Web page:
It took very long for the next recorded sighting to take place. Over 300 years actually. The next Nessie sighting happened in 1933 when a couple sitting on the north bank saw a strange, writhing creature cross the road right in front of them. A number of snapshots and eyewitness reports followed, not to mention a growing stream of visitors. Most descriptions say it resembles a large sea reptile with a long neck, a small head, fins, and several humps. Alex Campbell, a water bailiff for the Loch Ness and a part-time journalist, published an article about the Loch Ness monster in 1933. The article was titled Strange Spectacles in Loch Ness. In the year 2017, The Courier published an excerpt from that article: “The creature disported itself, rolling and plunging for fully a minute, its body resembling that of a whale, and the water cascading and churning like a simmering cauldron. Soon, however, it disappeared in a boiling mass of foam. Both onlookers confessed that there was something uncanny about the whole thing, for they realised that here was no ordinary denizen of the depths, because, apart from its enormous size, the beast, in taking the final plunge, sent out waves that were big enough to have been caused by a passing steamer.”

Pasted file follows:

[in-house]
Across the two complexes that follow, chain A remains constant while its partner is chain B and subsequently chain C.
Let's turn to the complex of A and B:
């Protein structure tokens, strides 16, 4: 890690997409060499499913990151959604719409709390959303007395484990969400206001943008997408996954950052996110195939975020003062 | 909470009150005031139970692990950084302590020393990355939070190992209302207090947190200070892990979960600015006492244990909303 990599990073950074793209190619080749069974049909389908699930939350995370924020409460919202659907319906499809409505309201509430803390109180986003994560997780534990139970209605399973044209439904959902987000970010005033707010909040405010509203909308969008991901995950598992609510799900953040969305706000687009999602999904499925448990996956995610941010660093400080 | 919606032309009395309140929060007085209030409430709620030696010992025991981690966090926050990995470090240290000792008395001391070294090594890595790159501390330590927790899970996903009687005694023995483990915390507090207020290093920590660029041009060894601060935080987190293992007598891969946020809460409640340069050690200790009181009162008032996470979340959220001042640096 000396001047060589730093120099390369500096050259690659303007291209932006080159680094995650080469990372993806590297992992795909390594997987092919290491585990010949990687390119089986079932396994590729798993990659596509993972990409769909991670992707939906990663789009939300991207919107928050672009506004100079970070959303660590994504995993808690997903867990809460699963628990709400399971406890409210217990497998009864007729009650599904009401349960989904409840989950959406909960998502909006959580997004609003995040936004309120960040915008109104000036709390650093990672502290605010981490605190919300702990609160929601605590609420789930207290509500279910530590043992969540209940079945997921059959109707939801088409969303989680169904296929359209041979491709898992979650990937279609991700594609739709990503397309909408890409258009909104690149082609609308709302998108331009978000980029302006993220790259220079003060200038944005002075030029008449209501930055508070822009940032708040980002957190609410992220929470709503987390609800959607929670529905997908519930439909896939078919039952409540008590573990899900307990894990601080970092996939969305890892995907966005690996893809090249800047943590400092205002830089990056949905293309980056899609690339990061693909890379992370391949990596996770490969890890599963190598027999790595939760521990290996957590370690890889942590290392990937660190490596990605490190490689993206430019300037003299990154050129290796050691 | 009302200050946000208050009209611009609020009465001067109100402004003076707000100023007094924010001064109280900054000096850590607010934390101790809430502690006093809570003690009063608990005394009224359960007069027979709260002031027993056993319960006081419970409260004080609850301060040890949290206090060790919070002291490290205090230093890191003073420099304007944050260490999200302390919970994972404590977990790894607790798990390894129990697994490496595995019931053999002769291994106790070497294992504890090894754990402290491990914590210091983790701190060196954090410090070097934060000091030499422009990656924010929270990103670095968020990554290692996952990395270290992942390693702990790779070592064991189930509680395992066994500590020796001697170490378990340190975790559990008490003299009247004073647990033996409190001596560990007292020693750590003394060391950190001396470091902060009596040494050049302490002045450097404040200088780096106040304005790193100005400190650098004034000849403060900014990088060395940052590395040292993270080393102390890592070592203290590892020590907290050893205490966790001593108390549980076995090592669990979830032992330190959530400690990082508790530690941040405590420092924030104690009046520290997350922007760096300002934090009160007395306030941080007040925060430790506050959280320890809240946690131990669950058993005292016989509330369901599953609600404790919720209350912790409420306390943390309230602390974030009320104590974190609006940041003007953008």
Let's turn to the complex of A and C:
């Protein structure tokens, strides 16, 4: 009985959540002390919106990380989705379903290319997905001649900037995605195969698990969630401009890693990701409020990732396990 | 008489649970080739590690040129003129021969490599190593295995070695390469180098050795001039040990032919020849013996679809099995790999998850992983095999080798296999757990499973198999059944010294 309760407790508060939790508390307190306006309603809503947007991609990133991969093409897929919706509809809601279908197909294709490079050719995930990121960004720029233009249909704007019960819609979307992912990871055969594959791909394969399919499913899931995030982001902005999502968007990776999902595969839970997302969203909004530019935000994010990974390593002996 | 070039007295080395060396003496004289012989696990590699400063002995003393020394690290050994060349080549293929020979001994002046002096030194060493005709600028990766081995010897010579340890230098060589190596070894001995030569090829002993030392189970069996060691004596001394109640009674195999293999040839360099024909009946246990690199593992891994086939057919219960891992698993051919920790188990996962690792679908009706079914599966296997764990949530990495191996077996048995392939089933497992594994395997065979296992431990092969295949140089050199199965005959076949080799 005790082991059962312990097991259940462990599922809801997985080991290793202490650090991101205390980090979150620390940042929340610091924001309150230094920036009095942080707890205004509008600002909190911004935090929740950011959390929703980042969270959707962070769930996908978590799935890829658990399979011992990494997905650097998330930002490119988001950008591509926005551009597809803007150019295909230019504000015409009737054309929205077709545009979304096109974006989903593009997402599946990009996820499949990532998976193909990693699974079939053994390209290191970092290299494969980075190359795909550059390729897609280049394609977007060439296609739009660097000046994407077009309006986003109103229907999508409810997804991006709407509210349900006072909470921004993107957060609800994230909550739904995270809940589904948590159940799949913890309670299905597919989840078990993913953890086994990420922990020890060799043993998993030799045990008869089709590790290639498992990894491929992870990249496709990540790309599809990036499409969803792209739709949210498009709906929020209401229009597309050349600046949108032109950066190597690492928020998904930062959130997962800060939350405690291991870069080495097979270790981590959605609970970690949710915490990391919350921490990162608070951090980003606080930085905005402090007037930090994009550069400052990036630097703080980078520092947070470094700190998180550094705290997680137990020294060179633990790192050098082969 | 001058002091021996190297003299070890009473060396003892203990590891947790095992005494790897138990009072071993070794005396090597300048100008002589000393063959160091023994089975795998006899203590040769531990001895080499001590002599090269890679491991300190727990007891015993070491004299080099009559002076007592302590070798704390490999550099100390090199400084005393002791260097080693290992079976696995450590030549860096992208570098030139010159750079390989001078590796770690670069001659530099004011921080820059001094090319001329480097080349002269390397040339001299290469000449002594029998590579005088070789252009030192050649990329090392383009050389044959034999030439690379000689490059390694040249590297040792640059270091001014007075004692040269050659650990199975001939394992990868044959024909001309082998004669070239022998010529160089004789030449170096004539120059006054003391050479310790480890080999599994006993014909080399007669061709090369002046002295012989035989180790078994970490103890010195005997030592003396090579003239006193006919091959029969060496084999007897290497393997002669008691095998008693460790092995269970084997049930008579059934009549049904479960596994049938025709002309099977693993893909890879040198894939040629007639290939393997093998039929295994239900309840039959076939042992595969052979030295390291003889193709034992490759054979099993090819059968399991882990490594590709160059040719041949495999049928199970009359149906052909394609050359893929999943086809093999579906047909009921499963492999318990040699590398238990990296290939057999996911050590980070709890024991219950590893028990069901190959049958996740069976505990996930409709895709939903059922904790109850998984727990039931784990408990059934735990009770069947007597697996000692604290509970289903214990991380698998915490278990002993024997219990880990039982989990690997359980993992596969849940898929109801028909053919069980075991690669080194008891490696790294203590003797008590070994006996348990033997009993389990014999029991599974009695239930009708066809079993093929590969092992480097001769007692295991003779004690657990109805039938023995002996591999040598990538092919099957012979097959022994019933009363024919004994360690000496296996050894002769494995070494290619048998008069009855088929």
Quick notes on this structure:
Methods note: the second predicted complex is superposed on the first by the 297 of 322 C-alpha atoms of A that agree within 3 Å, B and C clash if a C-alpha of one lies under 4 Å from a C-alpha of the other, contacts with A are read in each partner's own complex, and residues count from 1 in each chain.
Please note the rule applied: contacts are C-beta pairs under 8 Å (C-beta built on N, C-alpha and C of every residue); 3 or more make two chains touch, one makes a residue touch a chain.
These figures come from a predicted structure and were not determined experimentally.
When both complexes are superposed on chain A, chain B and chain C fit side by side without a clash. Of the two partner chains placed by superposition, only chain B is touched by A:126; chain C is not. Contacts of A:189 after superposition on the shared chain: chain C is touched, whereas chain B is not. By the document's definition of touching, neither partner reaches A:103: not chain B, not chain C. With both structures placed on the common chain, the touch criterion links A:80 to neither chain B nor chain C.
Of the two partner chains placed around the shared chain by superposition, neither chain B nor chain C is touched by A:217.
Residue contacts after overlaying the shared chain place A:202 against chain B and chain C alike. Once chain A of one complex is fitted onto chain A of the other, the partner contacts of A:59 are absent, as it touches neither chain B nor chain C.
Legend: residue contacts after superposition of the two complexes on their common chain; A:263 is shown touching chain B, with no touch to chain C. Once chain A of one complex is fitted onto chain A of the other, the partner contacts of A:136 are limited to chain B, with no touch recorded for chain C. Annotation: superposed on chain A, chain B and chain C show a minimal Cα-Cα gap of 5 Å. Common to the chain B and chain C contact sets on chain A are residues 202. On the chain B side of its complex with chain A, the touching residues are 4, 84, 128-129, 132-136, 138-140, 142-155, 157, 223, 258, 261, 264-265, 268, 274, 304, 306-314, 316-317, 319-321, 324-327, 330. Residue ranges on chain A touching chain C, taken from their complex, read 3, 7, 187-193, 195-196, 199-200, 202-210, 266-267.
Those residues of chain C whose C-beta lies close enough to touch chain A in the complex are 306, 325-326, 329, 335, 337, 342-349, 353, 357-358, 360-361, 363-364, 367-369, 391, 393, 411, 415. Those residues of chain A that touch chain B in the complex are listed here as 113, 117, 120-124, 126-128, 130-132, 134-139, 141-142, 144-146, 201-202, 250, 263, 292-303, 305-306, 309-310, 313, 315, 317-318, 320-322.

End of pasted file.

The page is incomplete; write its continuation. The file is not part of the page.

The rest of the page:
The most well known and circulated picture of Nessiteras Rhombopteryx (yes, the mythical Nessie also has a zoological name) came from the lens of London based gynaecologist Robert Wilson. It was on April 19th, 1934, when Dr. Wilson reported seeing ‘something in the water’ and took a snap. In the picture, the long neck of a monstrous creature had just emerged from the ice-cold water. It was later revealed that that Wilson belonged to a team who had set out to play a trick on the media.

Shortly before his death in 1993, Christian Spurling, one of the “conspirators,” admitted his part in the great deception. According to the Sunday Times, Spurling, an amateur woodworker, had rigged up a dinosaur dummy on a toy submarine. The ruse worked perfectly.

Very recently, scientists have speculated that the Loch Ness monster is probably a giant eel which resides in the waters.

2. The Loch Ness Centre and Exhibition

The Loch Ness Centre and Exhibition